For those workers with asbestosis or pleural disease with impairment who qualify for Level III compensation, the maximum award is set at $40,000. Because of the bills restrictive medical criteria, this group will include many individuals with severe asbestosis who are totally disabled, but will not qualify for greater compensation under Level IV. 

Awards for cancer victims are also unfair. Victims with colorectal cancer are excluded from the bill and receive no compensation. For the vast majority of lung cancer victims - those with asbestos related cancer who also smoke - compensation is limited to $100,000. Most of these victims will die from their disease. This compensation is far less than awards and settlements for similar claims in the tort system, and far less than the value of a lung cancer claim under the Manville 2002 TDP. Manville assumes the baselung cancer claim to be a smoking lung cancer, which is a reasonable assumption since 90 95% of all asbestos related lung cancers occur among smokers. The Manville scheduled value for these claims is equivalent to a total claim value of $380,000, (assuming Manville represents 25% of the full claim value). Similarly, compensation for the fatal cancer mesothelioma, set at $750,000, is far less than the mesothelioma awards in the current system, which average between $1 million and $5 million depending on the state. 

It is important to point out that the claims values outlined in S. 1125 represent maximum compensation awards. No provision is made for any individualized treatment of claims for victims who suffer severe economic loss (e.g. for individuals who develop disease at a relatively young age), as is the case in the current system. Moreover, the Hatch bill would reduce payments made to claimants, if the claimant had received payments from disability insurance, health insurance or other collateralsources. Thus, the bill would not only result in much less money paid to claimants many of whom would receive no payment; it would shift the cost of paying for asbestos-related diseases to private health insurance (including union health funds) and other insurance programs. While the bill does not affect workerscompensation or veterans benefit payments for most workers, it totally pre-empts all asbestos-related compensation for railroad workers covered by FELA. 

Sets Up an Adversarial Asbestos Court with Broad Non-Reviewable Powers S. 1125 establishes a new Asbestos Court to review and process asbestos compensation claims. For a number of reasons, this mechanism does not seem well suited to implement a no-fault compensation system.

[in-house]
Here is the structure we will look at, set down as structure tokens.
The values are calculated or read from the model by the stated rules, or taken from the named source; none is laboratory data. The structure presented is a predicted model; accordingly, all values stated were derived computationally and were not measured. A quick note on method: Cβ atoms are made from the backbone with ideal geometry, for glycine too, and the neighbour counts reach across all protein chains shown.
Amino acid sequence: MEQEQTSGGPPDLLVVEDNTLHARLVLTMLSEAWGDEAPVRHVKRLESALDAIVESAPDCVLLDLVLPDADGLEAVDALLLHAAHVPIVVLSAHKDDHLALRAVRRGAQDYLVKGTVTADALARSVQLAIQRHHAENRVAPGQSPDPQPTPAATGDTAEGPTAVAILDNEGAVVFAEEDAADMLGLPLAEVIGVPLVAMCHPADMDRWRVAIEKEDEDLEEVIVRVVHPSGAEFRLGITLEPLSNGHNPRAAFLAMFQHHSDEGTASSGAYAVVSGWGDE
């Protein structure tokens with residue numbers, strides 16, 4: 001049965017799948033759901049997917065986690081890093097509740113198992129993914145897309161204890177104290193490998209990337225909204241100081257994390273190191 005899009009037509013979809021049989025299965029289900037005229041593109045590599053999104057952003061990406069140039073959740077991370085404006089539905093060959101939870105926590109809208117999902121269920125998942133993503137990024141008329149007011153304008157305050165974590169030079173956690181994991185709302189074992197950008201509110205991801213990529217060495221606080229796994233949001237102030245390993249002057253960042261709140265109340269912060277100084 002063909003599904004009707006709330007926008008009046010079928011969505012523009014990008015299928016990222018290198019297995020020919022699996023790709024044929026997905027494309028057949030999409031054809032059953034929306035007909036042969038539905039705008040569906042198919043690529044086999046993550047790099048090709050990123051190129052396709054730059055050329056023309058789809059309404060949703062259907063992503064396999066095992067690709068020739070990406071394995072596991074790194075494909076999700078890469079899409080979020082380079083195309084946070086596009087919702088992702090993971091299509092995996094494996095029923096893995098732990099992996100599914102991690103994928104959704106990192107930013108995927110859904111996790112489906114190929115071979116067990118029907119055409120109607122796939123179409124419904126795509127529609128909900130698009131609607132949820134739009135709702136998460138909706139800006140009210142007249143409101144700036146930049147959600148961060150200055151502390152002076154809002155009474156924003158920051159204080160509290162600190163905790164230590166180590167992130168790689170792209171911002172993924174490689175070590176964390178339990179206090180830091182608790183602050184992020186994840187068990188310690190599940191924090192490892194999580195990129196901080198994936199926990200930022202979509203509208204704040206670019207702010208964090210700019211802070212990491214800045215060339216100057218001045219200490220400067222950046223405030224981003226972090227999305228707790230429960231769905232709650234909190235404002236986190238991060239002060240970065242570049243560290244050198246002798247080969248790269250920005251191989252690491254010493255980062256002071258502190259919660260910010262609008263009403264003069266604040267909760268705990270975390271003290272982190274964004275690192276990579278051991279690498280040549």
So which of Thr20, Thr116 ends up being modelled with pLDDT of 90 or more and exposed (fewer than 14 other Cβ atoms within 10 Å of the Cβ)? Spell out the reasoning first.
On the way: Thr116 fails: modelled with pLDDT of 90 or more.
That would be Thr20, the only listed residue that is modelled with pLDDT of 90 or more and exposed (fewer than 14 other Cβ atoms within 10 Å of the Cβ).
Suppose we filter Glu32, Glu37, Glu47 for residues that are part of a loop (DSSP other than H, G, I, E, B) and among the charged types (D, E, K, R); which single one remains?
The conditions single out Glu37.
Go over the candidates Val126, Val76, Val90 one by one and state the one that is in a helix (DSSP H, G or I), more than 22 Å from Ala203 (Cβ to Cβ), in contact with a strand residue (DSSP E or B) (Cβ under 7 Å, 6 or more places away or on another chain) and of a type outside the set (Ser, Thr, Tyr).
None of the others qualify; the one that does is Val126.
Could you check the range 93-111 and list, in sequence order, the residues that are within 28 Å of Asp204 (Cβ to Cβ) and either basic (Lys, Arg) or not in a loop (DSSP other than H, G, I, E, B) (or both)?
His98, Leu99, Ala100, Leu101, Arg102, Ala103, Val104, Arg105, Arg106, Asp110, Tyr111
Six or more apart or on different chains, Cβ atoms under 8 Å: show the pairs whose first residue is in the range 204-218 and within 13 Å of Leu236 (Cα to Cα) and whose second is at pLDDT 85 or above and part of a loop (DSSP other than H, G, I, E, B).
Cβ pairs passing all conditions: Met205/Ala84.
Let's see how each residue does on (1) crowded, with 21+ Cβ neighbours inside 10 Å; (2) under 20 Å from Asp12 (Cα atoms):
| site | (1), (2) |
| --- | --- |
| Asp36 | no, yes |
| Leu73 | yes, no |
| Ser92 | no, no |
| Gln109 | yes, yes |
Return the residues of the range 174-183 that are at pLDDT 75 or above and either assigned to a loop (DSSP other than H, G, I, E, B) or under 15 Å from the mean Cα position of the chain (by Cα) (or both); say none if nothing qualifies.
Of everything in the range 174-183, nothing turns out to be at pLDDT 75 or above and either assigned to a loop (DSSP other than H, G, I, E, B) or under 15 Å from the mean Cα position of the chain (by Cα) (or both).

First, by its very nature, a court suggests that the process will be adversarial, quite different than the non-adversarial no-fault administrative systems utilized by most compensation systems. The evidentiary burdens established by the bill coupled with the legally processes will make the claims process complex, requiring that claimants hire lawyers or seek other expert assistance.

Second, implementing the compensation program will require the development of substantive rules. Indeed, the Hatch Bill anticipates that the Court will establish an array of procedural and substantive rules, including developing methods and standards for auditing medical evidence submitted in support of claims; prescribing rules to implement diagnostic, latency and exposure criteria; and prescribin g rules to identify work in specific industries, occupations, etc. as presumptively establishing substantial occupational exposure. These are issues that require the input of medical and other experts and a public process, with an opportunity for notice and comment. However, the bill does not appear to anticipate any public process, nor is it clear whether an Article I court would have the authority to engage in notice and comment rulemaking.

Claims processing is but one of the function of an asbestos compensation program. Equally important are the supplemental programs for outreach, claimant assistance, medical screening and monitoring. An asbestos court is not the appropriate body to conduct such functions.

An independent administrative agency, a government corporation or government established trust, appear to be more appropriate mechanisms for administering this compensation system. 

Sets an Absolute Cap on CompaniesLiability Leaving Workers to Bear the Risk 
The Hatch bill sets a $108 billion cap on the liability of companies and insurers. For many major asbestos defendants liability is capped at $25 million dollars a year, with companies relieved of billions of dollars of potential liability. This includes Halliburton, who would pay $3.5 billion less under S. 1125 than under the tentative settlement it has recently negotiated. 

No provisions are included in the bill to fund the system if the $108 billion cap is exceeded. This funding level is insufficient to provide fair compensation to victims, even at the projected likelynumber of claims that is expected, let alone at the high-endestimates. Indeed, at the likelyprojected level of claims, A.M. Best, Fitch and other actuarial firms estimate under the current system, the future liability of asbestos claims to be an additional $150 $200 billion. But, based on past experience, the projected numbers of claims may well be too low. Every projection made by Manville and other trusts has been exceeded, with insufficient funds available to pay victims. Manville now only pays 5 cents on the dollar of scheduled values due to the number of claims being filed. Any legislation must provide a funding mechanism to cover full payment for claims that are filed. Workers should not and cannot be left bearing the risk in any new compensation system.

Revised June 10, 2003

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Calendar
- 6.14.03 NJ ICLE Seminar on Lindquist
http://www.njicle.com/cgi-bin/njicle?SessionID=30&doc=/Seminars/Evidence_6-14-03.htm